Baldwin won election to the U.S. Senate in 2012. She ran unopposed in the August 14, 2012 Democratic primary.[9] Baldwin then defeated Tommy Thompson (R) in the general election on November 6, 2012.[10]

Money poured into the Senate primary race from political action groups outside of Wisconsin. $4.5 million was spent on ads about Democratic candidate Baldwin. The U.S. Chamber of Commerce spent $850,000 on ads against her.[11]

The University of Virginia's Center for Politics published an article called Sabato's Crystal Ball on March 22, 2012 detailing the 8 races in the Senate in 2012 that would decide the political fate of which party would end up with control in 2013.[12] The seat rated a a toss-up that the Sabato's Crystal Ball believed could be decided by the party's nomination was the Senate seat in Wisconsin. If former Governor Tommy Thompson (R) won the Republican nomination and made it to the general election in November, the article believed he would have had a significant edge.[12] According to the article, "Given the current state of these toss ups, it’s not a stretch to think that a Thompson victory in Wisconsin could end up giving Republicans their 51st Senate seat."[12]

U.S. Senate, Wisconsin, General Election, 2012
Party Candidate Vote % Votes
     Democratic Green check mark transparent.pngTammy Baldwin 51.5% 1,544,274
     Republican Tommy Thompson 45.9% 1,377,253
     Libertarian Joseph Kexel 2.1% 61,904
     Independent Nimrod Allen III 0.5% 16,326
Total Votes 2,999,757
Source: Wyoming Secretary of State "Election Results, 2012 General Election"

Full history


Polls

Tammy Baldwin vs. Tommy Thompson
Poll Tommy Thompson Tammy BaldwinAnother CandidateNot sureMargin of ErrorSample Size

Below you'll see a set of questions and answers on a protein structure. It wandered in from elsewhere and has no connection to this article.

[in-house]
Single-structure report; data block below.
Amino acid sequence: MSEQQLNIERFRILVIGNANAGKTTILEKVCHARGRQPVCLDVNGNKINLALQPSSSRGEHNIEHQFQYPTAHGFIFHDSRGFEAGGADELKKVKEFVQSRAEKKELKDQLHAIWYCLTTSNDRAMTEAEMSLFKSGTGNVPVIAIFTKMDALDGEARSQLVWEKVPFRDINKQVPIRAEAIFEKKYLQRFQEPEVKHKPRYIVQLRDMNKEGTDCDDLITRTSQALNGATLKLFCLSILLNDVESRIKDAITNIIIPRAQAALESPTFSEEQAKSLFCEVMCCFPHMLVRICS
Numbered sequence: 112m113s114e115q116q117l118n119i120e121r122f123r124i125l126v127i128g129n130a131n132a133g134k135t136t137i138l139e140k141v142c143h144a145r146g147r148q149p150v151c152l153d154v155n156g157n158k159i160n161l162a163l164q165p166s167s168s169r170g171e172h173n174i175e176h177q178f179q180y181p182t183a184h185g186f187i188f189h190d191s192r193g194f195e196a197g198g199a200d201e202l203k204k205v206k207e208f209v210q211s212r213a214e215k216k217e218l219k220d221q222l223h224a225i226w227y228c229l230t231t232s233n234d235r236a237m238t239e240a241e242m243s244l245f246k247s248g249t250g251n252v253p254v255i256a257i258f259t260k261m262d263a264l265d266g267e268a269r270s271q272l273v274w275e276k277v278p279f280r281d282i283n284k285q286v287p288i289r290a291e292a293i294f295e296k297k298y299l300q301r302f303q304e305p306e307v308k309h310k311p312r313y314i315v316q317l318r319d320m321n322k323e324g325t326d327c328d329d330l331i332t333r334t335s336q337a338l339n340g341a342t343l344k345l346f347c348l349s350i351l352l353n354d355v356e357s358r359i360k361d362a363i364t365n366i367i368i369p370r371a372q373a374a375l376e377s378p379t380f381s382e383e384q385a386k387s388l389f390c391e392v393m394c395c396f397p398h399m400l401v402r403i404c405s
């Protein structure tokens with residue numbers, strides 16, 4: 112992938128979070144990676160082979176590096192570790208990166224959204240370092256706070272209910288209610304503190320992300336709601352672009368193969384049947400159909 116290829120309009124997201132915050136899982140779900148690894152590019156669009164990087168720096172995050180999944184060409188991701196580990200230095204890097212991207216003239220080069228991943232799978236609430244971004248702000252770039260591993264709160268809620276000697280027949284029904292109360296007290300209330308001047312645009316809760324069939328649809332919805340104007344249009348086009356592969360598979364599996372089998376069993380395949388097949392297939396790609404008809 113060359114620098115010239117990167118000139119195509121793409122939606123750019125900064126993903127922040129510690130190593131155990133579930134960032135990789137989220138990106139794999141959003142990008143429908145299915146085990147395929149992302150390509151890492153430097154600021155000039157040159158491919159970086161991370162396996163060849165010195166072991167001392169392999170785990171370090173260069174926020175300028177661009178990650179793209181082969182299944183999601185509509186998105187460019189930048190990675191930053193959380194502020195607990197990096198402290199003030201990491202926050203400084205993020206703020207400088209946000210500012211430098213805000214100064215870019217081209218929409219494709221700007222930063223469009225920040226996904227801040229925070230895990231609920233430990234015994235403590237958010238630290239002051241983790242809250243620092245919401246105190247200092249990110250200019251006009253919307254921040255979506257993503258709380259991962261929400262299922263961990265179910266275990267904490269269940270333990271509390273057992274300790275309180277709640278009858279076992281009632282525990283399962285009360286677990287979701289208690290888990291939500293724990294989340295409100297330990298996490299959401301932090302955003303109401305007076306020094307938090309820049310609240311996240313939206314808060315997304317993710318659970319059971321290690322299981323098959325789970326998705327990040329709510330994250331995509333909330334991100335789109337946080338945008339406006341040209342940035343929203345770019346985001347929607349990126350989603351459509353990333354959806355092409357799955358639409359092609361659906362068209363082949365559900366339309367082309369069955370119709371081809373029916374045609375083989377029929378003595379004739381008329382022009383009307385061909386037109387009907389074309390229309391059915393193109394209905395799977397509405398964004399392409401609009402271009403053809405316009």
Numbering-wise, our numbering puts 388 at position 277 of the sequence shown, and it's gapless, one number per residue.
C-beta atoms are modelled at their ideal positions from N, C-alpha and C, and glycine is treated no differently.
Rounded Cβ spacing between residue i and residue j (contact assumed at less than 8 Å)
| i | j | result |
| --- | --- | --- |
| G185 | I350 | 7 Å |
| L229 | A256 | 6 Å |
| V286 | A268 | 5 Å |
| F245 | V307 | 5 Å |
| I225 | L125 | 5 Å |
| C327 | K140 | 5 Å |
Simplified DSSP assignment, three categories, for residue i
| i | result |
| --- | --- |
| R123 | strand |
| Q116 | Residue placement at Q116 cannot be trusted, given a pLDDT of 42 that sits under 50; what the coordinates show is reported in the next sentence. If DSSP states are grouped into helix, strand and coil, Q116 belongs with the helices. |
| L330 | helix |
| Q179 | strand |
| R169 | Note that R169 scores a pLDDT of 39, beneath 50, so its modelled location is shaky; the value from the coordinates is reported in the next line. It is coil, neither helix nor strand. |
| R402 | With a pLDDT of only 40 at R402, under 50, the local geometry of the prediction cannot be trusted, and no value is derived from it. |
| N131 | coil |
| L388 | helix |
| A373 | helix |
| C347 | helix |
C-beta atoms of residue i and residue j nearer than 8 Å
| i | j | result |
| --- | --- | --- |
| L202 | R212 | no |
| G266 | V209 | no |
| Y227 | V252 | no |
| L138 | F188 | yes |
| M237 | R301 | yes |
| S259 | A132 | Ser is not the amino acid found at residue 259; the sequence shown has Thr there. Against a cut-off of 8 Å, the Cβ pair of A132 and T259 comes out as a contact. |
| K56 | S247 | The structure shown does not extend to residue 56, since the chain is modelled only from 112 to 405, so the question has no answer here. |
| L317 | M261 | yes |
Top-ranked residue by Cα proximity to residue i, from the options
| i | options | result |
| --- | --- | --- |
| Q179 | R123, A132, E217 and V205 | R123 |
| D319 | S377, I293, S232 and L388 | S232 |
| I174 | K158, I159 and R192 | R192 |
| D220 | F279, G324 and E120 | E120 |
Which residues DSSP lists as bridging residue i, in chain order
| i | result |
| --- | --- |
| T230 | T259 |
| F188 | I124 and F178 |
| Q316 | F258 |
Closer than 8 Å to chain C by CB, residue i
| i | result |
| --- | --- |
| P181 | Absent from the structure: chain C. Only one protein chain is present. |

Rasmussen Reports (November 2, 2012
48%48%1%2%+/-4750
Rasmussen Poll (October 28,2012)
48%47%2%4%+/-4.5500
Quinnipiac University (August 23,2012)
50%44%1%4%+/-2.81,190
Rasmussen Poll (August 15, 2012)
54%43%1%3%+/-4.5500
Rasmussen Poll (July 25, 2012)
41%48%5%6%+/-4.5500
AVERAGES 48.2% 46% 2% 3.8% +/-4.06 688
Note: The polls above may not reflect all polls that have been conducted in this race. Those displayed are a random sampling chosen by Ballotpedia staff. If you would like to nominate another poll for inclusion in the table, send an email to editor@ballotpedia.org.

Campaign donors

Comprehensive donor information for Baldwin is available dating back to 2004. Based on available campaign finance records, Baldwin raised a total of $23,684,545 during that time period. This information was last updated on April 25, 2013.[20]

Tammy Baldwin's Campaign Contribution History
Year Office Result Contributions
2012 U.S. Senate (Wisconsin) Won $14,643,868
2010 US House (Wisconsin, District 2) Won $1,194,114
2008 US House (Wisconsin, District 2) Won $1,471,567
2006 US House (Wisconsin, District 2) Won $1,565,234
2004 US House (Wisconsin, District 2) Won $1,709,070
2002 US House (Wisconsin, District 2) Won $1,289,943
2000 US House (Wisconsin, District 2) Won $1,810,749
Grand Total Raised $23,684,545

2012

Breakdown of the source of Baldwin's campaign funds before the 2012 election.

Baldwin won election to the U.S. Senate in 2012. During that election cycle, Baldwin's campaign committee raised a total of $14,643,869 and spent $15,204,940.[21]

Cost per vote

Baldwin spent $9.85 per vote received in 2012.

Out-of-state donations

According to an Open Secrets report, Baldwin ranked among the top ten senate candidates receiving out-of-state donations during the 2012 election cycle. She received $4,564,389, or 72.7%, of her donations from outside of Wisconsin.[22]

2010

Breakdown of the source of Baldwin's campaign funds before the 2010 election.

Baldwin won re-election to the U.S. House in 2010. During that re-election cycle, Baldwin's campaign committee raised a total of $1,194,114 and spent $1,081,311.[23]

Analysis

Like-minded colleagues

The website OpenCongress tracks the voting records of each member to determine with whom he or she votes most and least often. The results include a member from each party.[24]

Baldwin most often votes with:

Baldwin least often votes with:

Lifetime voting record

See also: Lifetime voting records of United States Senators and Representatives

According to the website GovTrack, Baldwin missed 0 of 94 roll call votes from January 2013 to April 2013. This amounts to 0%, which is better than the median of 1.7% among current senators as of April 2013.[25]

Congressional staff salaries

See also: Staff salaries of United States Senators and Representatives